The second show to achieve the level of notoriety of Little Boy, Joe Bean, was suggested by his long-time collaborator, Bob McAllister, a Bainbridge Island High School English teacher who had hired Mark to write a spring musical based on the biblical story of Job. Nichols says he did everything possible to make "a depressing story" as much fun as he could, using a plethora of musical styles from Gilbert and Sullivan-inspired chorus to Grunge-era dirge rock to a sort of primal Dead Can Dance sound. "The twist," says Nichols, "was that I had no intention of making the characters of God and the Devil simple." What he did was expand them into a set of "New Age Gods" who torture the wonderfully adaptable Joe Bean in an effort to see how far a "polytheistic modern rich hippy" can be pushed. In the end Joe has fallen from "the luckiest man ever" to a homeless waif, yet in his misery is finally able to see clearly the metephorical and actual difference between character/spirit and play/reality. Nichols has cited one of his biggest theatrical influences as Pirandello's Six Characters In Search of An Author.

How to Survive the Apocalypse (aka "Burning Opera")[edit]

The most widely popular of the Nichols epic rock operas was created by Erik Davis, Christopher Fuelling, Dana Harrison and Mark Nichols, based on the story of the real-life Burning Man festival, which takes place every year on the Black Rock Desert in Nevada, and its real-life founders. The opera jumps between three time periods in the festival's history: 1986, when "the man" was first burned on San Francisco's Baker Beach; 1996, when the festival experienced its first real tragedies and deep philosophical clashes; and the present day, as seen through the eyes of three "newbies" who undergo a series of unnerving trials during their first 24-hours on the desert. The opera had its first production in 2009 at San Francisco's Teatro Zinzanni and played to standing ovations. Publicity for the opera described it as "theatrical freak-out that combines rock opera, vaudeville, and a Dionysian revival show that is just as inspired and terrified by current events as you are. Part mutant mystery play, part crash-course in proactive future culture." The concept of epic rock opera seems to have grown in this opera to include an audience immersive tour of crazy art cars and weirdos and "makers", which, like Burning Man itself, asks there be "no spectators."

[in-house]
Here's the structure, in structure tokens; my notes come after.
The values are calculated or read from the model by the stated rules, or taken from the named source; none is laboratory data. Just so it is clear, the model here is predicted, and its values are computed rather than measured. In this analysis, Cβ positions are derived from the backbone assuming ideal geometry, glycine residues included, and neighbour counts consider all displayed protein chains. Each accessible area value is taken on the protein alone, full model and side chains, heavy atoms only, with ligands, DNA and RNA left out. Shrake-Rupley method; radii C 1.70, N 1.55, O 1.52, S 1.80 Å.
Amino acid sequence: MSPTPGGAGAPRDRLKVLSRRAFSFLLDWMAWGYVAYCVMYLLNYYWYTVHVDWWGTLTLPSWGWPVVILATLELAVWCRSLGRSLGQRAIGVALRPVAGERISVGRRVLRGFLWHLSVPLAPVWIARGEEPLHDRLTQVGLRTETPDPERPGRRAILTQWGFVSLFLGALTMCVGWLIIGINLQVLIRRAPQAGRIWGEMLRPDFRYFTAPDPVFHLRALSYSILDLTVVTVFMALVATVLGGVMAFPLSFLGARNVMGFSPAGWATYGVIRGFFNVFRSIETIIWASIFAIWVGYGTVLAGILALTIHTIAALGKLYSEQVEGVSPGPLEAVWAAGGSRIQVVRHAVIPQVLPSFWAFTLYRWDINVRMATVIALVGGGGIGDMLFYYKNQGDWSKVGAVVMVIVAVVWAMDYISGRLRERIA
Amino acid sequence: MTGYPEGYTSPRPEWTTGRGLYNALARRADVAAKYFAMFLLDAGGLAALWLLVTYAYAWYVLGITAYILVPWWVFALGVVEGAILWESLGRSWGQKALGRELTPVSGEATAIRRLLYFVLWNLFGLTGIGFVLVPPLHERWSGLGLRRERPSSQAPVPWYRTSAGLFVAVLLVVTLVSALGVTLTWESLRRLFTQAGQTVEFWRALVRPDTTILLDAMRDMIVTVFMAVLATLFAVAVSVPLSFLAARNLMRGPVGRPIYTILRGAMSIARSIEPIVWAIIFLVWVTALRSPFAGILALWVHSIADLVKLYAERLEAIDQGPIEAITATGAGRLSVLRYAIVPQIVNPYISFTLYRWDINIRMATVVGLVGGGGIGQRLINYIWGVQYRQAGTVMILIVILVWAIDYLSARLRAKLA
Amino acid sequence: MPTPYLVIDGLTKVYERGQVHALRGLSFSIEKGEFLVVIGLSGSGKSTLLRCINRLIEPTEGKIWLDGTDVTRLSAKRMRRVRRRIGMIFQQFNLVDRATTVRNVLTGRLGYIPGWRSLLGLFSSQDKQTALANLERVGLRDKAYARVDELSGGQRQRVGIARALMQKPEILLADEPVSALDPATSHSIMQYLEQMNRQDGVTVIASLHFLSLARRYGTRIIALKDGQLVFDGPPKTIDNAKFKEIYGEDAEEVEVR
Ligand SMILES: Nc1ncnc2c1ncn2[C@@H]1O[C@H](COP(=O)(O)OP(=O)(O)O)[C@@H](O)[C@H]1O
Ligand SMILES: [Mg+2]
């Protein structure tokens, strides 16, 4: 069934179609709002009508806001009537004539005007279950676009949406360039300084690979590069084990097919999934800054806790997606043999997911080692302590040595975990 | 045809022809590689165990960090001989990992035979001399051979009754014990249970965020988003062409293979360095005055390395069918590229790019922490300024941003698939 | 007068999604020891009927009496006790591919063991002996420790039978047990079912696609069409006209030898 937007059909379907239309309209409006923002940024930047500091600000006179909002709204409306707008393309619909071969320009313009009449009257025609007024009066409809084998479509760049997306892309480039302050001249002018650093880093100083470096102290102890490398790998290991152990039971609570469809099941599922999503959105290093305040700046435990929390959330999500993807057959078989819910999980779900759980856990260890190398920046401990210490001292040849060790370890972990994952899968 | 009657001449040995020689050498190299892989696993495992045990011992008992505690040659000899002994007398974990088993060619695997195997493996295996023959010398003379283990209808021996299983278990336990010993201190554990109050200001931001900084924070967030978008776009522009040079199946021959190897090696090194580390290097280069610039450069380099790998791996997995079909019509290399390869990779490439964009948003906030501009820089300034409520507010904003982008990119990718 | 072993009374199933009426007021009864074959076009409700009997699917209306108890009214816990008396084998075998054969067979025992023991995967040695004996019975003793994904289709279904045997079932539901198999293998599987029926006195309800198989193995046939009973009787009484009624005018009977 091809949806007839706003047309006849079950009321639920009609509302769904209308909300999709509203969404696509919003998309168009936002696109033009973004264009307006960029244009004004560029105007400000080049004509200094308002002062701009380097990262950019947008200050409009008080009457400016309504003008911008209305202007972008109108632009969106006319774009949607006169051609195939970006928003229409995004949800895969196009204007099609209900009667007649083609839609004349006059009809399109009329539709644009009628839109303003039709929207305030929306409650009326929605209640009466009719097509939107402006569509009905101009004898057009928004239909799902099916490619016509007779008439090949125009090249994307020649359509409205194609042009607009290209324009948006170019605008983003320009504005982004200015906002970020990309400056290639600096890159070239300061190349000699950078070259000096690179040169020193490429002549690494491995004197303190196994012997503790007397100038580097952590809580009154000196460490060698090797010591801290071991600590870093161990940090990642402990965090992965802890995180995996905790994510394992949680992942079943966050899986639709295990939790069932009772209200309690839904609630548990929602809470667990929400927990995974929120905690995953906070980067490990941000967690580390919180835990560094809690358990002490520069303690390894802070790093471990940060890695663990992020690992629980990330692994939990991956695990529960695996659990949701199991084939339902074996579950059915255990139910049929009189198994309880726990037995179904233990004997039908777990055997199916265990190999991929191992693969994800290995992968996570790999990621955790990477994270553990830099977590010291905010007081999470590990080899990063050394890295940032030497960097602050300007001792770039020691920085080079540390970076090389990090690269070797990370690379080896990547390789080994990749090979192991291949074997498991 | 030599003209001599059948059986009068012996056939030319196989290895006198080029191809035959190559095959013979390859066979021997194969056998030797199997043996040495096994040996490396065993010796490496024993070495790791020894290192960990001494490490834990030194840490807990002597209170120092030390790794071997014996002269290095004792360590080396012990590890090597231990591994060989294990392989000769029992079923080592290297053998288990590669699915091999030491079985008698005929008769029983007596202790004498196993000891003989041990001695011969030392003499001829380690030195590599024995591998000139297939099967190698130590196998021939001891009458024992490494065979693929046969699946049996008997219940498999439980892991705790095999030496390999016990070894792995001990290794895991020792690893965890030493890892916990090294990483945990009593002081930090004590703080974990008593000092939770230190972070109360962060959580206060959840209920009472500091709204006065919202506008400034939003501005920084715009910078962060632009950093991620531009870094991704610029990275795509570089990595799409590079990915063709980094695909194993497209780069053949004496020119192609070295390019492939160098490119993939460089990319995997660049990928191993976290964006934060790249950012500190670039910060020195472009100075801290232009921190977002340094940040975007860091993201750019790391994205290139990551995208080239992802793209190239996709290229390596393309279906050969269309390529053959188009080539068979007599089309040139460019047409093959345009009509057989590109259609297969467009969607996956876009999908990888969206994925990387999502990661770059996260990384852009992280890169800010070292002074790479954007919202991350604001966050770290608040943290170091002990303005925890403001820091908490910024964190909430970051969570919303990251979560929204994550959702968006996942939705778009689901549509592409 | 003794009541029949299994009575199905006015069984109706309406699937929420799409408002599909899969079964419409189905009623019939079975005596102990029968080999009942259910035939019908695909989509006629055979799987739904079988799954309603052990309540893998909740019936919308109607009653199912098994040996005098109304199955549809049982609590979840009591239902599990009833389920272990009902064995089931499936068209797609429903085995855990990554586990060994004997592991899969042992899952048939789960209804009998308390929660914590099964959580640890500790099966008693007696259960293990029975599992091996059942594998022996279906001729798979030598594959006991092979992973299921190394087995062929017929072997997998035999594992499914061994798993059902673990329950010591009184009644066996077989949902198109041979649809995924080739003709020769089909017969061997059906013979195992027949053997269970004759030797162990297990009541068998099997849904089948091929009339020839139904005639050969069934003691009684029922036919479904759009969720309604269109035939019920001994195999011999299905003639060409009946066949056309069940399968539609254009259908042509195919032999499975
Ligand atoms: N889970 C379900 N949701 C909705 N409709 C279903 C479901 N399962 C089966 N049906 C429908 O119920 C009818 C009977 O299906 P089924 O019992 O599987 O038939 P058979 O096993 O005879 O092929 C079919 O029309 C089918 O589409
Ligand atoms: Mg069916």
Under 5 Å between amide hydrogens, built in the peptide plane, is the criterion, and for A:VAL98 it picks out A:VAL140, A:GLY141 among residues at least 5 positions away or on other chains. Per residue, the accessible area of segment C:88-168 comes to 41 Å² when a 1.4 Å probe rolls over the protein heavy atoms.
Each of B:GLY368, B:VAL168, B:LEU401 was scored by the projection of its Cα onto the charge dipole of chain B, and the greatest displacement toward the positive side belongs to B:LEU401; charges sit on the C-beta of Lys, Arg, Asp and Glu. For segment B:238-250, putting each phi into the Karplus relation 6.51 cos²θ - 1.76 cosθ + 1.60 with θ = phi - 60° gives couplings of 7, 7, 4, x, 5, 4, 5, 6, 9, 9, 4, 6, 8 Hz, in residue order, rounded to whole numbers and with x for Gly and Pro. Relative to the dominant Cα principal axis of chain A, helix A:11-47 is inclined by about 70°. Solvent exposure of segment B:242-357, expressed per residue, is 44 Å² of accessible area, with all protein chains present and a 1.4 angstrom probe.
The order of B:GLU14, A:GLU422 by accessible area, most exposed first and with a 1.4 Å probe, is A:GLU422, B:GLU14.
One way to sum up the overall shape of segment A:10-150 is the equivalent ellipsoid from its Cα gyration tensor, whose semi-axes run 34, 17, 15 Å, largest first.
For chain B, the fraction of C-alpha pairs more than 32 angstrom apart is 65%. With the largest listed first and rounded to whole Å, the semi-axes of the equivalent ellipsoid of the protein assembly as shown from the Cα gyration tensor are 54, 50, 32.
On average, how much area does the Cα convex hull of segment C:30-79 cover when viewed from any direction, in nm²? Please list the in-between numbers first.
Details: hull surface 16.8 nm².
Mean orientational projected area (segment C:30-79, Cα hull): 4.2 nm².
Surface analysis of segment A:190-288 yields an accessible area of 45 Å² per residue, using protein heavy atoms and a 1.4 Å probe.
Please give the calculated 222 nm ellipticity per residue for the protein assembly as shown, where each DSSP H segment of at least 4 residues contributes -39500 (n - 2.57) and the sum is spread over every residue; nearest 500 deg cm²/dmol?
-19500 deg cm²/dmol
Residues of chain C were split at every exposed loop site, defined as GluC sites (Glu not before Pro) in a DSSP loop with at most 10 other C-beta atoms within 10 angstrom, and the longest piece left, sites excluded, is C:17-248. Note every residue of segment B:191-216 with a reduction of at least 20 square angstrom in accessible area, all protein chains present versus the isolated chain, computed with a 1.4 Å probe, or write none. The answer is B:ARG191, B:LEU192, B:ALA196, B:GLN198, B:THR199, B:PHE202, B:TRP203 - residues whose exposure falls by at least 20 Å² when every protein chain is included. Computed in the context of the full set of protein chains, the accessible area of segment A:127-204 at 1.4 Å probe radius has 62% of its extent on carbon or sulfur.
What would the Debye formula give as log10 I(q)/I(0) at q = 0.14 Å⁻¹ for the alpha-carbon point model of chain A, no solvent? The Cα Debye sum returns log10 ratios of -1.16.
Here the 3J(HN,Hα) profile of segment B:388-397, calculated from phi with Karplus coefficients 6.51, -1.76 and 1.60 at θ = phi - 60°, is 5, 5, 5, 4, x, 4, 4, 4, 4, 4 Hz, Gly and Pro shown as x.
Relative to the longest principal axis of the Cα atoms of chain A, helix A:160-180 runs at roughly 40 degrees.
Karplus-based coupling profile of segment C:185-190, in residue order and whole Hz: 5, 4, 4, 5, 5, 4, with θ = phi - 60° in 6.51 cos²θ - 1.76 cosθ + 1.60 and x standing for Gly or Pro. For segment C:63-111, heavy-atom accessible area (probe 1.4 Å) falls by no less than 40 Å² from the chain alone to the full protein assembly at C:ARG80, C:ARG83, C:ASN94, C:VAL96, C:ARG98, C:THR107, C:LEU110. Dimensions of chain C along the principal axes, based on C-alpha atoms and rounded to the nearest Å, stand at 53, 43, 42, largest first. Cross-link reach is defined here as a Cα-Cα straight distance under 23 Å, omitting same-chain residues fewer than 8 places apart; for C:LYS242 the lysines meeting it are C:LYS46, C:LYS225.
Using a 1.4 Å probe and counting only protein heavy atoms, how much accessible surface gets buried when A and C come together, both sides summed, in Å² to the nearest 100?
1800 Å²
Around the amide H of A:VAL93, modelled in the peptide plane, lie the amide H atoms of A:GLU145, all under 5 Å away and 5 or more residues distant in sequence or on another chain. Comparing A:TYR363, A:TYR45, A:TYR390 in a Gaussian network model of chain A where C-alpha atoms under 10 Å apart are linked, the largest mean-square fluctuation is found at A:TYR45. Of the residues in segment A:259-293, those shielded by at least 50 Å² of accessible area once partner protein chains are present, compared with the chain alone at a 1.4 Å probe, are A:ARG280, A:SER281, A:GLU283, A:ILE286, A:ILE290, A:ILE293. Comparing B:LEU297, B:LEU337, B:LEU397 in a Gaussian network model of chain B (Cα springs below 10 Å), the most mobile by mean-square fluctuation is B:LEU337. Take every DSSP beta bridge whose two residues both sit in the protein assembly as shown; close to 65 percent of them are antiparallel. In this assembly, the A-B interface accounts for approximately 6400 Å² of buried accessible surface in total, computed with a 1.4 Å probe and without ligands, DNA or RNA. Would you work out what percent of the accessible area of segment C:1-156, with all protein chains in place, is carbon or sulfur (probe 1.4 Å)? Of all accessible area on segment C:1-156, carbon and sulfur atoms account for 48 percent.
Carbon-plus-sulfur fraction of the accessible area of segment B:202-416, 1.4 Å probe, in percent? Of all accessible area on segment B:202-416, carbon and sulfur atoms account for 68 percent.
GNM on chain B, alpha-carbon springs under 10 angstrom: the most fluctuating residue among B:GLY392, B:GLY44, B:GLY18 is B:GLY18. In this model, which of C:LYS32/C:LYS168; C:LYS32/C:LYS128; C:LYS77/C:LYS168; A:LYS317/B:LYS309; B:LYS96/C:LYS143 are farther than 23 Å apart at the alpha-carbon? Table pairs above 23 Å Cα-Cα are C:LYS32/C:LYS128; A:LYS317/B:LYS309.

Theater Works[edit]

  • Little Boy Goes to Hell (1988)
  • The Potato Boy (1989)
  • Wonka (Based on the movie) (1990)
  • The Collected Works of Billy the Kid (1992)
  • Bessemer's Spectacles (with Glen Berger) (1993)
  • The Tooth Collector (1994)
  • Mother Goose (1995)
  • Searching For Father Christmas (1996)
  • The Dragon (Eugene Schwartz) (1997)
  • The Firebugs (1997)
  • Joe Bean (With Bob McAllister) (2003)
  • Lie of the Mind (with Sam Shepard and Carla Torgerson) (2004)
  • Caucasian Chalk Circle (With B. Brecht) (2005)
  • As U Like It (with W. Shakespeare) (2007)
  • How to Survive the Apocalypse (Aka Beautiful Freaks) (with Erik Davis) (2009)
  • The Habit (2009)

Orchestrator, Arranger or Producer[edit]

  • Walkabouts, Train to Mercy from Scavenger (1991)
  • Walkabouts, New West Motel (1993)
  • Trillian Green, Metamorphosis (1994)
  • Midnight Choir, Olsen's Lot (1996)
  • Jeremy Enigk, Return of the Frog Queen (1996)
  • Walkabouts, Devils Road (1996)
  • Walkabouts, Nighttown (1997)
  • Midnight Choir, Amsterdam Stranded (1998)
  • Walkabouts, Live In Brussels (2000)
  • Midnight Choir Unsung Heroine (2000)
  • "Awesome", Delaware (2005)
  • Sean Nelson, Nelson Sings Nelson (Unreleased) (2007)

Soundtracks[edit]

  • Flared Pants, Directed by Garrett Bennett, Starring Brian T Finney & Paul Giamatti (1991)
  • One, Dir. G. Bennett (1994)
  • Swimming For Bottom, Dir. G. Bennett (1994)
  • End of the Icon, Dir. G. Bennett (1995)
  • Farewell to Harry, Dir. G. Bennett (1999)
  • M & M, Feature Film. Dir. M. Nichols (2000)
  • A Relative Thing, Dir. G. Bennett (2003)
  • 23 Seagull Variations, Dir. B. McAllister (2004)

External links[edit]